Beech leaf disease — a disease that has led to the destruction of beech trees from Ohio to southern New England — has been confirmed in Maine and added to the state’s invasive species list.
Landowners in Lincolnville observed possible symptoms of the disease and reached out to the Maine Forest Service pathologist, according to the Maine Department of Agriculture, Conservation and Forestry. The presence of the disease was confirmed by staff at the Connecticut Agricultural Experiment Station using leaf samples from a forest in Lincolnville.
The find is concerning to Maine’s tree experts.
“Beech trees are a pretty significant component of our forests in Maine and ecologically important to mammals, birds and insects,” said Aaron Bergdahl, state pathologist with the Maine Forest Service. “The leaves are high in nitrogen so the tree is important to soil nutrition.”
Beech leaf disease was first reported in Ohio in 2012, and for many years it was known only in adjacent states and nearby Ontario, Canada. In 2019, it was detected in eastern New York and by 2020 a survey and outreach effort found beech leaf disease in southern New England.
Symptoms of beech leaf disease include dark bands between the veins of beech tree leaves; curled, deformed and shriveled leaves; and trees with thin overhead canopy. At its worst, beech leaf disease can kill both American and European beech.
It is not the same thing as beech bark disease which is found throughout Maine.
The Lincolnville landowners’ observation and close attention during frequent walks on their woodland led to the discovery of beech leaf disease in Maine, Maine conservation officials said.
The leaf disease appears to be widespread in the midcoast and has been seen in towns between Belfast and Rockport and inland to Searsmont and Hope, according to the Maine Forest Service. It’s unknown how it spreads, but the forest service said that the areas where it’s being found didn’t show evidence of it in 2020.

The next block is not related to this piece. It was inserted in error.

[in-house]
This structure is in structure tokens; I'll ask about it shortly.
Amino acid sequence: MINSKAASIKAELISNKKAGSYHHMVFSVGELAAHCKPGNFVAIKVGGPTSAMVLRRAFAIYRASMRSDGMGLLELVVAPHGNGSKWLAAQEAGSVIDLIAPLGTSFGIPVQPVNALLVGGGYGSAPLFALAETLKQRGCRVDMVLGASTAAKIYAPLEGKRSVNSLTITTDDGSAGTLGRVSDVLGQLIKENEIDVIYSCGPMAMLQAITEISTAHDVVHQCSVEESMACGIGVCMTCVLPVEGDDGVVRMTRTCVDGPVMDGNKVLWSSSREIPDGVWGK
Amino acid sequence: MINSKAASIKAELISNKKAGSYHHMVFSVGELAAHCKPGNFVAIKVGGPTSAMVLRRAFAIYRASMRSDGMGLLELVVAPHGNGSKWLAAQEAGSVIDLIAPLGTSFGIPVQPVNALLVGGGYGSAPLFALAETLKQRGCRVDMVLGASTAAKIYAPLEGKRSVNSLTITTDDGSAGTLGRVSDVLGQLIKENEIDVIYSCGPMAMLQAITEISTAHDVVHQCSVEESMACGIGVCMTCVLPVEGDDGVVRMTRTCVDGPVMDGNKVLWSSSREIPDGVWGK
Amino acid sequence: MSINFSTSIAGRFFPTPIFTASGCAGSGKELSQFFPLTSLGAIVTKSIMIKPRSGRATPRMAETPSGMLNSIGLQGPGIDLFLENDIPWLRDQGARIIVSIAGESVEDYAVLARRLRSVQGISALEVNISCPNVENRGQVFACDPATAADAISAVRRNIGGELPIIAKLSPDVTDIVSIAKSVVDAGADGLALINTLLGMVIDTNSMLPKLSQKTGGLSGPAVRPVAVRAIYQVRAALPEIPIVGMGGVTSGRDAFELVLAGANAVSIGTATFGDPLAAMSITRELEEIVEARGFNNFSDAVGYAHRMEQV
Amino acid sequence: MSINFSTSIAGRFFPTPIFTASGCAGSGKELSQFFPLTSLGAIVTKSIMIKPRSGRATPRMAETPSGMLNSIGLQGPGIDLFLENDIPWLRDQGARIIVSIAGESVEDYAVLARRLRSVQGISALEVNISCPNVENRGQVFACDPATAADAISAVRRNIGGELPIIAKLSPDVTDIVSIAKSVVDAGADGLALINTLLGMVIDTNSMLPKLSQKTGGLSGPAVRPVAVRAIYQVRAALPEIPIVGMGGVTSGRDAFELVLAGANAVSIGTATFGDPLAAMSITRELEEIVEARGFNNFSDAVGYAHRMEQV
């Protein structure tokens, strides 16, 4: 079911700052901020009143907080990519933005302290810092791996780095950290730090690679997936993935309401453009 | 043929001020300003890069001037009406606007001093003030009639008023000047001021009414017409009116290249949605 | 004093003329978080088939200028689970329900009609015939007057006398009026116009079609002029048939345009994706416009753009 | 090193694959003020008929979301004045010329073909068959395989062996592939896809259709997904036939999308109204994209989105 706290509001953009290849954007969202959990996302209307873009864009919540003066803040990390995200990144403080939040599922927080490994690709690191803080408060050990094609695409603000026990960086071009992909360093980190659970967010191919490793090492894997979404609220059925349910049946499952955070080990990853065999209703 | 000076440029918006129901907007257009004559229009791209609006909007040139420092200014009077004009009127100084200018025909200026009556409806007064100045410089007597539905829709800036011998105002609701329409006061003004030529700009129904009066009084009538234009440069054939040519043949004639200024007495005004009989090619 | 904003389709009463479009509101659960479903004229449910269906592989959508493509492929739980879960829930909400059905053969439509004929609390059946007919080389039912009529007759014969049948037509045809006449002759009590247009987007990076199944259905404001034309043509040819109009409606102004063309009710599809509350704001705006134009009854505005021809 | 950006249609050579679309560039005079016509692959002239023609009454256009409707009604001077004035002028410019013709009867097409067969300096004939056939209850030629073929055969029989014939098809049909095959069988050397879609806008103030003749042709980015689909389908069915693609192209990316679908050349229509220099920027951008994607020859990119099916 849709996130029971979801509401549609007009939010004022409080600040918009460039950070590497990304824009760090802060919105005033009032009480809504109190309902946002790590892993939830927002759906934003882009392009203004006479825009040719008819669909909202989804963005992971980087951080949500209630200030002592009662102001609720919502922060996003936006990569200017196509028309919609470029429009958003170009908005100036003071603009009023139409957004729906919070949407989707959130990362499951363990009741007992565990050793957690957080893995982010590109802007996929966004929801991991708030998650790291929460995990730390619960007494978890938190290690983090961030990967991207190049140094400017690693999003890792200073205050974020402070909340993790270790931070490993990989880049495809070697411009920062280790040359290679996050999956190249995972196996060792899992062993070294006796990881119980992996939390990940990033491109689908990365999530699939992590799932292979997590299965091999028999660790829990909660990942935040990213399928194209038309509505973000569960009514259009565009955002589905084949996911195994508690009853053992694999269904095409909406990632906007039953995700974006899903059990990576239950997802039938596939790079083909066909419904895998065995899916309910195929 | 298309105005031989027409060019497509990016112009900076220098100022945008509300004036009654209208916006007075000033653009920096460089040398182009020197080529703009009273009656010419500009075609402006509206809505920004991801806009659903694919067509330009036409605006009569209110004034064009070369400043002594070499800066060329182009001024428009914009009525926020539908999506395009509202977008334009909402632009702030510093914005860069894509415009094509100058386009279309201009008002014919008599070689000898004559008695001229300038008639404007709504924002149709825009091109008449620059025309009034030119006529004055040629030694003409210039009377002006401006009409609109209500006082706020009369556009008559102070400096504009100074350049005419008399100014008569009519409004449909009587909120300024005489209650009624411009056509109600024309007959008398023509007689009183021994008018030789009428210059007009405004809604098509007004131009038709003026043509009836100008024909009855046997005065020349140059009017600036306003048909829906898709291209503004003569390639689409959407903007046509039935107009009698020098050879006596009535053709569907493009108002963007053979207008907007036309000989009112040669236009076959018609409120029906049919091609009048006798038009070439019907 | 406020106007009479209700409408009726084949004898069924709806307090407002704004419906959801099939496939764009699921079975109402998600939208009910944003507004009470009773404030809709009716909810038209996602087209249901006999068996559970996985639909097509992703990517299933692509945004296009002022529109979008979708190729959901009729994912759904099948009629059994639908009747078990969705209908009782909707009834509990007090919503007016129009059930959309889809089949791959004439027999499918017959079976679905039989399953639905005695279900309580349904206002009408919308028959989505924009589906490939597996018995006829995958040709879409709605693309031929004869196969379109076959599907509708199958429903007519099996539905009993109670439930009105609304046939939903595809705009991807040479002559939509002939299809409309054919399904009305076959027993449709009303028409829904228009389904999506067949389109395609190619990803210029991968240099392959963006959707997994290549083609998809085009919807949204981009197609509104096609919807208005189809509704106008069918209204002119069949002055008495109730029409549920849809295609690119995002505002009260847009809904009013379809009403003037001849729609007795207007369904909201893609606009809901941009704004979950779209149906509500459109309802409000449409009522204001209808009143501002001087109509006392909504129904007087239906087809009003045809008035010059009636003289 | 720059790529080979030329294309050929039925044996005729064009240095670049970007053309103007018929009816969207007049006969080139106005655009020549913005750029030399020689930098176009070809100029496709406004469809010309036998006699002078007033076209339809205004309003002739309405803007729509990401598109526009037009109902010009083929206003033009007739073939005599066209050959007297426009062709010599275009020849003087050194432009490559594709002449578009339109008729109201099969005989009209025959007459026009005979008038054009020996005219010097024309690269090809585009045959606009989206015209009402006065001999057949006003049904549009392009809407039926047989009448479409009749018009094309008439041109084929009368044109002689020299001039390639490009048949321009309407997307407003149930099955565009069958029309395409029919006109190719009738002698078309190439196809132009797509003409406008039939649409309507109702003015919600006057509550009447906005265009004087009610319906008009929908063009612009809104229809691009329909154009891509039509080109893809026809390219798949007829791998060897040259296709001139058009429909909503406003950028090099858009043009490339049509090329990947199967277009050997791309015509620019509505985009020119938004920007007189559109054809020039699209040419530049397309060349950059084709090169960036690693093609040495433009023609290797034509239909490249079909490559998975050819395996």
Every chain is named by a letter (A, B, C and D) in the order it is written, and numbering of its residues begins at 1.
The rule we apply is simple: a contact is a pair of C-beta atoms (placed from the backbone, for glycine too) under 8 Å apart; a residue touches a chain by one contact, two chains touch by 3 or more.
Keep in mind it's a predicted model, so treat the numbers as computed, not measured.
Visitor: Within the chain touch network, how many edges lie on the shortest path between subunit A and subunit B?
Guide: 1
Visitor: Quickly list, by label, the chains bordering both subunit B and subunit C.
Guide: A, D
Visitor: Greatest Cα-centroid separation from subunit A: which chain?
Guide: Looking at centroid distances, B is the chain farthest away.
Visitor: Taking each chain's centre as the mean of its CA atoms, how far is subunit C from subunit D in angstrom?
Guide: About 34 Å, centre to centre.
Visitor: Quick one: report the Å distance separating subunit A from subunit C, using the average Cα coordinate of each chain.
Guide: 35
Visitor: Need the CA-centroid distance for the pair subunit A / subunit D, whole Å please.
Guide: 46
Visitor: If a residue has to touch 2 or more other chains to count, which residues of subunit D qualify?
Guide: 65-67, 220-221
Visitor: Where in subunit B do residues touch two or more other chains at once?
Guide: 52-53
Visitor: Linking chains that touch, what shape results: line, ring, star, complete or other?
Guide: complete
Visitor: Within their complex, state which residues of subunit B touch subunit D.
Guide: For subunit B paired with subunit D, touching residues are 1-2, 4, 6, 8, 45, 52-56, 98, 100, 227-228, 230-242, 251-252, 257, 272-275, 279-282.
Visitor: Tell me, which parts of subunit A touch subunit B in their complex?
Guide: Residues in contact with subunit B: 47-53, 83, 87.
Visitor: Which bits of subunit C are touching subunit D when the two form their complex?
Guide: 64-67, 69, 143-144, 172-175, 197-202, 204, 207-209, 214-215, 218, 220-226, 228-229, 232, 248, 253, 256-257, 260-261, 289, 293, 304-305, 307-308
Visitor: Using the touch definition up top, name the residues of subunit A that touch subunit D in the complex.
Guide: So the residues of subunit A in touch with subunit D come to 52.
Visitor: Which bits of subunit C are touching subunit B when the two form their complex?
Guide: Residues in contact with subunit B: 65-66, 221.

The leaf disease is associated with a plant parasitic nematode — or small worm — according to the New York Department of Environmental Conservation. The nematode attacks trees of all ages and the disease can kill mature trees in under 10 years.
However, that’s likely not the only cause, Bergdahl said.
“The nematode alone does not seem to be responsible,” Bergdahl said. “But the nematode is consistently associated with the disease symptoms, so it is widely accepted that it is part of the disease complex.”
That gives beech leaf disease something in common with beech bark disease, a fungal disease that attacks beech trees. The fungus enters the bark after the tree becomes infested by tiny scale insects that create holes in the bark as they feed. Once the fungus enters the bark, it can kill a mature tree in six years.
Some beech trees in Maine are resistant to birch bark disease and Bergdahl fears those trees may fall victim to the leaf disease.
There is no proven method of managing beech leaf disease.
The Maine DACF is asking for the public’s help in identifying additional areas impacted by the invasive disease. Anyone who suspects seeing affected leaves should report them to the Maine Forest Service. Photos of the leaves can be submitted using the Maine Forestry Service tree ailment form, emailing email@example.com or calling 207-287-2431.
Any photos should include a clear shot of the underside of the affected leaf or leaves.